Song of the day (12th June) – Llio Rhydderch – “Sir Foฬ‚n Bach” (Little Anglesey).

Here is a tune from Llio Rhydderch – “Sir Foฬ‚n Bach”, from the album by the same title. It translates to Little Anglesey or perhaps rather Little Angleseyshire, Anglesey being an isle and a historic county in north Wales. This is a traditional tune coming from the tune book of Welsh fiddler Robert Thomas. I was wondering what “little” in the title meant, what sort of significance it might have, and it turns out to simply be a term of endearment. Llio Rhydderch herself is from Anglesey, as I think I’ve mentioned before, and she clearly has a lot of love for her little homeland as this is far from only one piece in her repertoire whose title refers in some way to the isle of Anglesey.

 

Question of the day (11th June).

What is something you enjoy doing, but others don’t?

My answer:

I really like reading dictionaries, while it’s just flicking through them (with or without a specific purpose) or reading them as you would a novel. I find words extremely interesting and sensorily stimulating as I have several forms of lexical synaesthesia (lexical-tactile and lexical-gustatory). I don’t do it very often because accessibility of dictionaries isn’t very high as a general rule, I had a dictionary of foreign words/loanwords in Braille as a child but now no longer have it as it took up a lot of space that I could have used for other things, plus when I started to use technology more it became useless because if I’d really need to look up something in this dictionary it’s in public domain so I can very easily do it online. I also have some Swedish-Polish/Polish-Swedish dictionaries in normal print which I’ve also scanned so I can read them, but these scans are actually pretty bad and difficult to read so it’s often easier for me to go online and do research if I need to figure out some Swedish word and how it’s used. Then now that I have an iPhone I also have tons of English dictionaries on it, and a couple Welsh ones – one very detailed with all sorts of information you may need and quite confusing sometimes if you’re a learner, and the other a lot more concise. – But you can’t really go through a dictionary app on your phone as you can through an actual book, plus the Welsh ones are not overly friendly when you’re a screen reader user which is discouraging. Still, I do like reading/browsing through dictionaries when I can and I think I do it a lot more often than average, not just because I’m learning languages but out of plain curiosity.

You? ๐Ÿ™‚

Question of the day.

What are you in the 1% of?

My answer:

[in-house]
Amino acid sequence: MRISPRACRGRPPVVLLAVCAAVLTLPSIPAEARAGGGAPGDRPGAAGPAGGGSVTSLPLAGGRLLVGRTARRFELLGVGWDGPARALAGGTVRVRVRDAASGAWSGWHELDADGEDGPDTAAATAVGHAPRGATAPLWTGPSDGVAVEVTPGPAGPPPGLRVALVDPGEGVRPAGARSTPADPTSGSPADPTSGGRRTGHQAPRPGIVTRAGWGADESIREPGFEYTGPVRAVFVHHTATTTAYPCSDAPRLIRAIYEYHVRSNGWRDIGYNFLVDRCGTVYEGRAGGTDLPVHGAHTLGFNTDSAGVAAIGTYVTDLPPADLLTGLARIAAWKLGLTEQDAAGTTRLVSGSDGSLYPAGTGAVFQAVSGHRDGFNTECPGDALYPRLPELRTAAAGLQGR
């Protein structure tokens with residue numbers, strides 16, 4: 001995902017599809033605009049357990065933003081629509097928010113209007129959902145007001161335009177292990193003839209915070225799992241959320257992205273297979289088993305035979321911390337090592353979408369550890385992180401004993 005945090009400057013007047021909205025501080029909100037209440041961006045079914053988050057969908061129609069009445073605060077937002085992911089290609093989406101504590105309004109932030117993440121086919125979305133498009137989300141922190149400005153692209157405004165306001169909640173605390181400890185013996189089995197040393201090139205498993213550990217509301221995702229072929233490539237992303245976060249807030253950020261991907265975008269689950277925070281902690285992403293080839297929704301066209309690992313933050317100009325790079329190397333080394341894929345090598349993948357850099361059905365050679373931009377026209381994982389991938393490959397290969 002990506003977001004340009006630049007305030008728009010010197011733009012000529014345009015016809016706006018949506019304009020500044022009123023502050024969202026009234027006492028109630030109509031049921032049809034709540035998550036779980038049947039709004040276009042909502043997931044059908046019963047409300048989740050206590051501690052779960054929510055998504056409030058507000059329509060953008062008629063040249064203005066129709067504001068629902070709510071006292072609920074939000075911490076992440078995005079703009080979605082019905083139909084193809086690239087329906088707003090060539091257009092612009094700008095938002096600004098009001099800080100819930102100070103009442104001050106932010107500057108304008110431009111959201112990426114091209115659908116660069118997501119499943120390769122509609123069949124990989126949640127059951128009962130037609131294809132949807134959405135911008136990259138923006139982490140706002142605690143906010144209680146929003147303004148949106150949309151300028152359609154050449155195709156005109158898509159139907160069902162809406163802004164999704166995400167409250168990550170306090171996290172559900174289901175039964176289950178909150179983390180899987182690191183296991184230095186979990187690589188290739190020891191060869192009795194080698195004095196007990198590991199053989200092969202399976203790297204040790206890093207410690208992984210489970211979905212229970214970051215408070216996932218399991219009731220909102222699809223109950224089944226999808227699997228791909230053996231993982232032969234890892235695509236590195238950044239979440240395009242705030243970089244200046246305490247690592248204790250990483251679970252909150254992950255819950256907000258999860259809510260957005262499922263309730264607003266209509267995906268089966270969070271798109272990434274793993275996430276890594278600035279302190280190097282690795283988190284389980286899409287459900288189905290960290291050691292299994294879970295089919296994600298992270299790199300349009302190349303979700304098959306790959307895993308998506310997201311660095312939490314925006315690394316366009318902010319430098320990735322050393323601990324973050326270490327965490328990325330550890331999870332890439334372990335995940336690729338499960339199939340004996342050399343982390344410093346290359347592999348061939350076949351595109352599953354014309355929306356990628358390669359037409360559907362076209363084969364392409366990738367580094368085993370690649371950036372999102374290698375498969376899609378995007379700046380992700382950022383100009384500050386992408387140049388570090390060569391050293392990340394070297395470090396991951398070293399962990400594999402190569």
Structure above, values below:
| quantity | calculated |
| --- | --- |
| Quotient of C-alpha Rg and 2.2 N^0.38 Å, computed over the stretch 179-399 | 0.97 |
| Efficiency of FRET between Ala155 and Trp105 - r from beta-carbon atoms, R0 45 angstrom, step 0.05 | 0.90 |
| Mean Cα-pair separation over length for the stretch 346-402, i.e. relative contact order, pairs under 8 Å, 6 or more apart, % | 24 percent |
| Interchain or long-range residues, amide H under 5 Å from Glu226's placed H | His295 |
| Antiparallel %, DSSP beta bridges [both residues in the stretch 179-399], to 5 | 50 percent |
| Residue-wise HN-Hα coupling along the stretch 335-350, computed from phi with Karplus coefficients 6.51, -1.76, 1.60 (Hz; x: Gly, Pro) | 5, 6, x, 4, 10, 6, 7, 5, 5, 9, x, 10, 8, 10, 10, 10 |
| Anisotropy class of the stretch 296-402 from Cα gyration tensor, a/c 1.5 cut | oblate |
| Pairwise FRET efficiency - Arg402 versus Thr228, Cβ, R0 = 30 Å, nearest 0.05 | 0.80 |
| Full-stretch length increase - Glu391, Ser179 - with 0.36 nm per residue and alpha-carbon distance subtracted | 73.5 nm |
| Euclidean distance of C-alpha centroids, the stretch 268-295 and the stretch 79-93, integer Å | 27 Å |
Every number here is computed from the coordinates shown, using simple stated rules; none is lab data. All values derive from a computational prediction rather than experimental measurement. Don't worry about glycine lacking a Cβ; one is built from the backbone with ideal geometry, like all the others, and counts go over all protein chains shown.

I hardly care about percentages, but let’s think… The first thing that springs to my mind is that (touch wood) I’ve never really had a proper cavity, despite my dental hygiene being rather crappy most of the time and not caring overly about what I eat. My Mum says it’s a miracle, I’m more inclined to think it’s genetics ’cause my whole family have very healthy teeth. The reason why this springs to my mind first is that I recently actually chipped my tooth slightly, but at the same time must have been badly enough that it hurt. It wasn’t a terrible pain, but rather annoying and wouldn’t go away for about two weeks so I was rather concerned. I guess it’s now gotten used to being chipped ’cause it now only hurts very very slightly and occasionally and the dentist didn’t even see any problem with it on an X-ray, but I got quite freaked out by how suddenly and easily it chipped and didn’t know what was going on. At the same time, strangely enough, my other teeth also became temporarily more sensitive so I was seriously wondering whether perhaps my lucky time is over and now my teeth are decaying all at once. ๐Ÿ˜€ Which is a real scary prospect when you’re emetophobic, hate gagging and having things in your mouth which is unavoidable at the dentist’s. So I had a full mouth X-ray to see what’s going on in there and both the X-ray technician and then my dentist couldn’t stop saying how healthy my teeth are and how they’d like all their patients to have such teeth as me. ๐Ÿ˜€ Back when I was going to school and when my emetophobia was bad enough that I really struggled brushing my teeth, whenever we were told that we’d be having a dental checkup, which we’d typically learn right before it was about to happen, I’d just brush my teeth beforehand or if there wasn’t enough time just run to the loo and scrape my teeth with my finger until they felt smoother, and the dentist’s reaction was always the same: “Wow, you have very healthy teeth!” I’m so freakin’ grateful for it, I seriously feel for any people out there who are emetophobic or have other phobias that get in the way of dentist appointments and who have more trouble with their teeth. Or maybe life is merciful enough that bad teeth plus emetophobia just don’t happen together? Still, the whole experience and the fear around it did set my phobia back a fair bit. Which also means that again I have to take a break from working on my post about all things emetophobia ’cause I don’t want to make it even worse.